Day 14 - Provo to Price UT

Fighting with Windmills

Mileage: 75 miles

Total Climb: 3,930

Weather: Cool in the morning, warming up, but not uncomfortable in the afternoon.

Yesterday’s ride through Salt Lake City was a winding connect-the-bike-paths type of day, which is almost the exact opposite of whats in store for today’s route. We started off lined on one side by trees, and the other by mountains, as we made our way through Provo. On one particular overpass, a few farmers waved at us as they worked and we headed eastward. We had left slightly later than we usually do, which meant people were out and about for their sunday activities, but traffic was still noticeably lighter than the day before.

We had a small climb that led up to a beautiful view of the mountains that lay ahead of us, and caught glimpse of the wind turbines that would spell our fate for the rest of the day. Luckily for us, they were turned in our direction and barely spinning, which meant the wind would be at our backs, if there was any at all. That’s a really good omen when you’re about to climb three thousand feet. 

As our cyclists began the ascent toward soldier summit, they were treated to views of valleys and freight trains passing by. Even though the view was beautiful, it was important to keep our eyes on the road as much as possible since the shoulder we were riding on was not consistent. At one point, many of us had a close call with a house that was being transported up the mountain. It would be pretty ridiculous to get hit by a house in any scenario. As we continued to climb, and specifically near the SAG stop, we came parallel to a beautiful stream which had a family of ducks that seemed to be trying to make their way to the top as well. One of our riders noted that in the SAG stop itself, there was a turntable used to turn trains onto their proper tracks.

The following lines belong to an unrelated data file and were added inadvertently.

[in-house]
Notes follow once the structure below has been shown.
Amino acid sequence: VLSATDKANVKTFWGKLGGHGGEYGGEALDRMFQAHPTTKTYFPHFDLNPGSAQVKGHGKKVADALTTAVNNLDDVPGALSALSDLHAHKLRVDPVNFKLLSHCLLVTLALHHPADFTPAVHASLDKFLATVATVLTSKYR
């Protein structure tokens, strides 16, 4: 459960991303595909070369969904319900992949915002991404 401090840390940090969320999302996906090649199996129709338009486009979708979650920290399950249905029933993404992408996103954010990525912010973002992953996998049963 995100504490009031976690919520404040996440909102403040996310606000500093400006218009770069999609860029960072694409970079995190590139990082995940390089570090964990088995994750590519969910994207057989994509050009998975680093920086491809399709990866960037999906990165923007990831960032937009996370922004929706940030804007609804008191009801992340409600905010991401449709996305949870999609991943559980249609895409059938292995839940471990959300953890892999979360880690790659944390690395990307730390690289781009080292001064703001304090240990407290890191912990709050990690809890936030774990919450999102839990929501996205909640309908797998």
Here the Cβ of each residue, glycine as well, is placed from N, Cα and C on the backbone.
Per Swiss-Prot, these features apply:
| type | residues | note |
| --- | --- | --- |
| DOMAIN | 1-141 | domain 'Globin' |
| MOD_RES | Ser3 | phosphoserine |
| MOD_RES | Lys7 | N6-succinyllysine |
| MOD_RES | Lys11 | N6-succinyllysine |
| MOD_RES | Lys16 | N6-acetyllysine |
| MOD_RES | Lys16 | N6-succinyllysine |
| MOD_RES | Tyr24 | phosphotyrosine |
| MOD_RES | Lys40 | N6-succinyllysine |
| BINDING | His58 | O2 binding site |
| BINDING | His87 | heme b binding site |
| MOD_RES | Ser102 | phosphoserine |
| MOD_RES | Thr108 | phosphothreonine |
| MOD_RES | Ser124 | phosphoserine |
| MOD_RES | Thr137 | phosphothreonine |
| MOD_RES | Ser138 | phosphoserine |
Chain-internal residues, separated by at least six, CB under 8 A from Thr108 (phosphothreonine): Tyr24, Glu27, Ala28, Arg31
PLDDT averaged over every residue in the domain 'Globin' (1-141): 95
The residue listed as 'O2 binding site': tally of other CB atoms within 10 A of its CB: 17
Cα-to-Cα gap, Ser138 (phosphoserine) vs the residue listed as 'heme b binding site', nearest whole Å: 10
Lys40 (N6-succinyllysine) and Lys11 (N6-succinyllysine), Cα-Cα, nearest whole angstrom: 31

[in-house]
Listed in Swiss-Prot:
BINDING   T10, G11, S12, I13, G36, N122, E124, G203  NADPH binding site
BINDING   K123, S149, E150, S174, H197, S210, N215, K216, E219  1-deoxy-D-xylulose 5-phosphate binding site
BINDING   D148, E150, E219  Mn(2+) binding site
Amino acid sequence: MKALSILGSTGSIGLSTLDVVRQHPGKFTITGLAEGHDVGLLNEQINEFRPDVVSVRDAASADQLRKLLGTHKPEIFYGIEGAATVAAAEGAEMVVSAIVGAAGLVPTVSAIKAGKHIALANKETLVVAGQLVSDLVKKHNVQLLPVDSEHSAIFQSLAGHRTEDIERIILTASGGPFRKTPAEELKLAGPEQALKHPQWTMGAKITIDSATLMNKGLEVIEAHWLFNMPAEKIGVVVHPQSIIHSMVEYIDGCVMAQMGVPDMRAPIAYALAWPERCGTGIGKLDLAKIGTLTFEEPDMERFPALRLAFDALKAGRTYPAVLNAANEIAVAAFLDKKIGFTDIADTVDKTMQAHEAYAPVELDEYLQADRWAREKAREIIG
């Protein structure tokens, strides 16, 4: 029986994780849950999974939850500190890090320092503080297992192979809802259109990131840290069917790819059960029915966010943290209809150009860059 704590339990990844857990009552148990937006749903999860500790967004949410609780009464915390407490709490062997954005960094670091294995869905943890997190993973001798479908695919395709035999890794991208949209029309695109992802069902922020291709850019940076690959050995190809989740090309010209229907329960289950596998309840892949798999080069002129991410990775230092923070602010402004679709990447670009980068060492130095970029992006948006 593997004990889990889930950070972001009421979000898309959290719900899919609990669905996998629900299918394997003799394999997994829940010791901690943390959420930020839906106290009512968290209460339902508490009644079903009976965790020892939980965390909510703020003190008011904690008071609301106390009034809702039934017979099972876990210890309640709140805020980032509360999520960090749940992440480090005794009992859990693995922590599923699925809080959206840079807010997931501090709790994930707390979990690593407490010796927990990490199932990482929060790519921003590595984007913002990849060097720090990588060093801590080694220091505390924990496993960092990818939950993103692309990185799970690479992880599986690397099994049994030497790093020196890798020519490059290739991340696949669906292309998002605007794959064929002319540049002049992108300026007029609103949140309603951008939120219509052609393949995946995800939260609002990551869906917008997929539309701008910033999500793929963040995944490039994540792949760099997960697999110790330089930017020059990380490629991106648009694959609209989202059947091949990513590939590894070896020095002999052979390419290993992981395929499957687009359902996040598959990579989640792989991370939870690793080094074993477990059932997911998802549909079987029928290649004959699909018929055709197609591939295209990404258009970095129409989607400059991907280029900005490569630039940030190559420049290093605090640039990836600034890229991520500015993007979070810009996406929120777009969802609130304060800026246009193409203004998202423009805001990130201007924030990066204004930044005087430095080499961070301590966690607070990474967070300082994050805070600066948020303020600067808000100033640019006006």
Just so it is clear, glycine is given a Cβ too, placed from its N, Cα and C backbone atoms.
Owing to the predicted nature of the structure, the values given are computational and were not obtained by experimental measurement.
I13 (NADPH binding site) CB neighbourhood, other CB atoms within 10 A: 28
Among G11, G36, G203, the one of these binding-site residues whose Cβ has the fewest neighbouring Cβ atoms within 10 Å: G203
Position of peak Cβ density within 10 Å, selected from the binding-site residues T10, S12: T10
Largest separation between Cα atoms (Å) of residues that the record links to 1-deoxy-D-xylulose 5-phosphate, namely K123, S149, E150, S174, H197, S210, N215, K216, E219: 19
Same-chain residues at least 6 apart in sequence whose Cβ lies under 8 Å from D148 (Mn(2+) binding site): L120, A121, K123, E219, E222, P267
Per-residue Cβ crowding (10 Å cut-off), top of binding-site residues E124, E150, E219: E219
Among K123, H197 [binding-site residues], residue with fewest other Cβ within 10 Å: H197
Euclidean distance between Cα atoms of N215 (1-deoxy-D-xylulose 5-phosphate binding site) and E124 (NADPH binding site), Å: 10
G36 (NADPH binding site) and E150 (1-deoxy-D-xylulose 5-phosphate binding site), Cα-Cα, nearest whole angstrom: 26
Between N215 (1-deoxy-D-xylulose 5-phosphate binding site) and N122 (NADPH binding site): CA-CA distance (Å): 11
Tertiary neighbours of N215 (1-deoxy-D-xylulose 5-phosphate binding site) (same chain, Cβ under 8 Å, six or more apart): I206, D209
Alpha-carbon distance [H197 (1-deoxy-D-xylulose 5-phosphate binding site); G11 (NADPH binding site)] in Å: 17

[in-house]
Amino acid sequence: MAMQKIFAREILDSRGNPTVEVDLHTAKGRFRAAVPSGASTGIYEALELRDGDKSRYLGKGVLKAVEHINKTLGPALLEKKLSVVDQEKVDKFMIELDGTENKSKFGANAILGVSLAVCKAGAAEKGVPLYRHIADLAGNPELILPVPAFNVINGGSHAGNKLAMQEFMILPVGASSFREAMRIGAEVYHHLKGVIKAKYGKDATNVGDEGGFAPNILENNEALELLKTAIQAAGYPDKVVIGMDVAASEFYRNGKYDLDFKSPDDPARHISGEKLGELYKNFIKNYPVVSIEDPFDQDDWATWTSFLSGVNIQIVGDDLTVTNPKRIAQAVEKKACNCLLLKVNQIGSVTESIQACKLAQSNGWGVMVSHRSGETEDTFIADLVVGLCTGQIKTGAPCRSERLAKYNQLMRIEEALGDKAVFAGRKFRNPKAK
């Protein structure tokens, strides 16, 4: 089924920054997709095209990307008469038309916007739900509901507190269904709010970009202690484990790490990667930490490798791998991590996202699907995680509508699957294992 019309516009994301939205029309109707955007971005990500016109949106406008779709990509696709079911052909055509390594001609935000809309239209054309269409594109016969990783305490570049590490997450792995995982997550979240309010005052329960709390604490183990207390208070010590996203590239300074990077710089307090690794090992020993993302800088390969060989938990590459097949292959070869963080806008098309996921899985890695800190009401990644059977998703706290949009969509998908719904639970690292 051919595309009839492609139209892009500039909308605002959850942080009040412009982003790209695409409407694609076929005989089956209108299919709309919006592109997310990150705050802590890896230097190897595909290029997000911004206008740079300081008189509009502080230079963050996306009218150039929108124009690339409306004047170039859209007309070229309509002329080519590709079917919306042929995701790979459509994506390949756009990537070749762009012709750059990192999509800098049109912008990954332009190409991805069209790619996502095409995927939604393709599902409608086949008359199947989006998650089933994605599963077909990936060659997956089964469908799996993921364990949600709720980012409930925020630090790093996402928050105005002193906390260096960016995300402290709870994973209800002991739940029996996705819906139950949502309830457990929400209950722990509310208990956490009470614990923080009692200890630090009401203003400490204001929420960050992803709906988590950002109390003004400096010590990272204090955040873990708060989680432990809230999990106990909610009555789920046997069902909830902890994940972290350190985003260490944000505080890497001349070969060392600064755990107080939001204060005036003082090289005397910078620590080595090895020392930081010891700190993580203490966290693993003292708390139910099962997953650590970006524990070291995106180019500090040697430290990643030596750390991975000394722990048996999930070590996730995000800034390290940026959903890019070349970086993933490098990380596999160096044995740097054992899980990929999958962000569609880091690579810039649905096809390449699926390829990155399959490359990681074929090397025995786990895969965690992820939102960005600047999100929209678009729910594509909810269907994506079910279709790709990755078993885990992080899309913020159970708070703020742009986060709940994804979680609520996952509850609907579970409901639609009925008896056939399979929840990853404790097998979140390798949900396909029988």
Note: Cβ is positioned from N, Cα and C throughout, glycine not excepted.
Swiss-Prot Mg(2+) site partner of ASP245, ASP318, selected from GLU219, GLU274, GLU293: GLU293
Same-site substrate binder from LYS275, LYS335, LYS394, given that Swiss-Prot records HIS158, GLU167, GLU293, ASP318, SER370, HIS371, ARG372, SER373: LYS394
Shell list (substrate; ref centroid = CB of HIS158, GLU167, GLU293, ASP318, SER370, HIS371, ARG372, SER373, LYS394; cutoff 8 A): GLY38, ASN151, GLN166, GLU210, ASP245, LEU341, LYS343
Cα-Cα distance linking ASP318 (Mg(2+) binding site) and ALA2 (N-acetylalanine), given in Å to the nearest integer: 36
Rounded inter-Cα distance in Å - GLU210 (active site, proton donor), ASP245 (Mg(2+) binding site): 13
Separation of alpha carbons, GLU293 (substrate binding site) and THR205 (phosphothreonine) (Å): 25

Once we reached Soldier Summit, we started to make our way back down. The road we were on seemed to be in what we’d call a ‘transitional phase’ with multiple sets of rumble strips, some visible and some not so clear, and wildly varying amounts of space to work with. As the descent got steeper, the shoulder got even more treacherous, now peppered with good-sized rocks and very new, very deep rumble strips that kept our speeds down. Luckily for us, traffic was fairly light and we didn’t have to compete for room that much, and some riders took a lane so they wouldn’t have to contend with the constantly changing conditions.

As the cyclists got into the town of Helper, the road opened up and allowed them to catch their breath after the stressful downhill they had just experienced on the way in. It was difficult, but nobody had any real issues and everyone had made it down safe. The support staff breathed a sigh of relief and we’re sure the riders did as well once they saw their shoulder get nice and wide on their way into town. Some riders chose to stop at the Helper Museum, a tribute to the train engines that helped get freight up and over the mountains of Utah, while others ate oranges and cleaned their bicycles out front with the bike wash station the hotel provided. We lucked out big time with both the wind and traffic, and had no real problems. What a great day!

2017Alex Sahli